Surgical Treatment for Acid Reflux Disease
Reflux surgery treats GERD by correcting the physical malfunction allowing acid to escape into the esophagus.
Surgical treatment for gastroesophageal reflux disease is only recommended when other forms of treatment, including lifestyle changes, diet and medication have all been unsuccessful.
Many patients do benefit from non-surgical reflux treatments, so only about 5% of GERD patients require surgical intervention.
Reflux surgery is often recommended when:
- GERD reoccurs after previous medical treatment
- Complications or side effects develop as a result of GERD medications
- The LES muscle is damaged or not working adequately
- Esophageal cancer has developed
In situations of Barrett’s esophagus, esophageal stricture, ulcers or bleeding, or when a hiatal hernia has developed, reflux surgery may be recommended over medicinal treatment. In certain situations, surgery may be looked at as an alternative to long-term drug treatment, as well.
The Goal of Reflux Surgery
The goal of surgery is to improve the function of the lower esophageal sphincter (LES) and correct any structural abnormalities that may be the underlying cause of GERD, such as a hiatal hernia. Where possible, Dr. Bagnato uses laparoscopic or transoral procedures when surgical treatment of GERD is indicated.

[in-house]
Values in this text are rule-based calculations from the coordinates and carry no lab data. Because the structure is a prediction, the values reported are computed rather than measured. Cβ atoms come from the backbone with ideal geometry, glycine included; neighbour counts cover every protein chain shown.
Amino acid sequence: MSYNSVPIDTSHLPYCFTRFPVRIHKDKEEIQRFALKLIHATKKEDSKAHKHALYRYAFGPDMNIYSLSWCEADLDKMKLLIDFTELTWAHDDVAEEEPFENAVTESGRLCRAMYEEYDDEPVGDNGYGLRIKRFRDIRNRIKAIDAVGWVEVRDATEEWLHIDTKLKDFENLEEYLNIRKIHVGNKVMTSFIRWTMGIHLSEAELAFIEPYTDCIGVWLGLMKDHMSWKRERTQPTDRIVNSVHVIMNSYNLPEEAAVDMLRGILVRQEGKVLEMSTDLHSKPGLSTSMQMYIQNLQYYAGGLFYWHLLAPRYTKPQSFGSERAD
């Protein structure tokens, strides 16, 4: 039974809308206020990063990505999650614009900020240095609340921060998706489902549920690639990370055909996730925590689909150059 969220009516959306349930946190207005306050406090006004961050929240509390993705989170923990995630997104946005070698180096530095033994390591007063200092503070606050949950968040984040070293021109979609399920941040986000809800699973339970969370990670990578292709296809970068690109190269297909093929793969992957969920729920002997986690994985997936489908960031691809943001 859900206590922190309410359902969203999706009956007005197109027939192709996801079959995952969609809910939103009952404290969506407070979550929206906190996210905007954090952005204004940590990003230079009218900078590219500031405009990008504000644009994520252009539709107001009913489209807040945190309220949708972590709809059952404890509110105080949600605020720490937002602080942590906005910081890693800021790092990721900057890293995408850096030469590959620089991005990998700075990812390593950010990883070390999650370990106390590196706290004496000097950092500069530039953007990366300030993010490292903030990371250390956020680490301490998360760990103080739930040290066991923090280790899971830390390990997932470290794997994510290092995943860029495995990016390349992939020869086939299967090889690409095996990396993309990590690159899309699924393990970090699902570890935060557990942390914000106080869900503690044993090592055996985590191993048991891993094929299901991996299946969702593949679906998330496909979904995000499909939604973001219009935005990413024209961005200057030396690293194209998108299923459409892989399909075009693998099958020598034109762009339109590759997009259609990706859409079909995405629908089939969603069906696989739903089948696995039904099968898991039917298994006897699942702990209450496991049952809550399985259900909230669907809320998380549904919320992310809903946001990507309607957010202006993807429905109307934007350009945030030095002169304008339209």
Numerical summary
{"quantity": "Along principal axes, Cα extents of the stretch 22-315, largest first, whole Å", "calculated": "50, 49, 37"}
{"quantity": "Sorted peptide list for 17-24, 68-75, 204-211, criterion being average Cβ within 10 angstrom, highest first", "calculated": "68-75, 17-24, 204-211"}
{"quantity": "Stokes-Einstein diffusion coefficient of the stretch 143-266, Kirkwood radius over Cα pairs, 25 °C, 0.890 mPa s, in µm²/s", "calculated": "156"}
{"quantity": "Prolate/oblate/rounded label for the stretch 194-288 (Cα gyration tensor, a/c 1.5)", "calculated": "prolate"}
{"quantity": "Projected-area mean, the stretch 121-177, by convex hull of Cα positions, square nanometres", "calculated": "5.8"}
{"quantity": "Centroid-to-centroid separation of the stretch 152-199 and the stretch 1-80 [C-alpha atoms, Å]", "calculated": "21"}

The benefits of using minimally and non-invasive surgery techniques include:
- Faster recovery
- Minimal or no scarring
- Less pain
- Shorter amounts of time in the hospital
- Expedited return to normal activity
Types of Surgery for GERD
The laparoscopic and endoscopic techniques reduce many of the risks associated with traditional forms of surgical treatment. Surgical intervention is generally only recommended as a last resort for acid reflux treatment.
The most frequent type of GERD surgery, the fundoplication is also sometimes referred to as a stomach wrap. During this procedure, the top portion of the stomach, which is called the fundus, is wrapped around the lower portion of the esophagus. This creates an artificial valve that prevents stomach contents from flowing back up into the esophagus.
There are two types of fundoplication procedures:
- Nissen fundoplication
- Hill Posterior Gastropexy
Non-invasive, incisionless treatment is now a surgical treatment option for GERD. The Transoral Incisionless Fundoplication (TIF) procedure uses the EsophyX tool to repair the weakened valve that is permitting acid to reflux from the stomach into the esophagus. This is done by folding tissue at the top of the stomach around the lower esophageal sphincter (LES) valve, thereby preventing the reoccurrence of acid reflux.
Unlike other forms of surgery, the TIF procedure is performed through the mouth (transoral). This reduces much of the risk associated with surgical treatment and provides for an even faster recovery period.
The surgical treatment of GERD is highly effective, reducing or eliminating symptoms of GERD including heartburn and acid reflux in almost 90% of cases.
For more information about reflux surgery, contact us to schedule an appointment.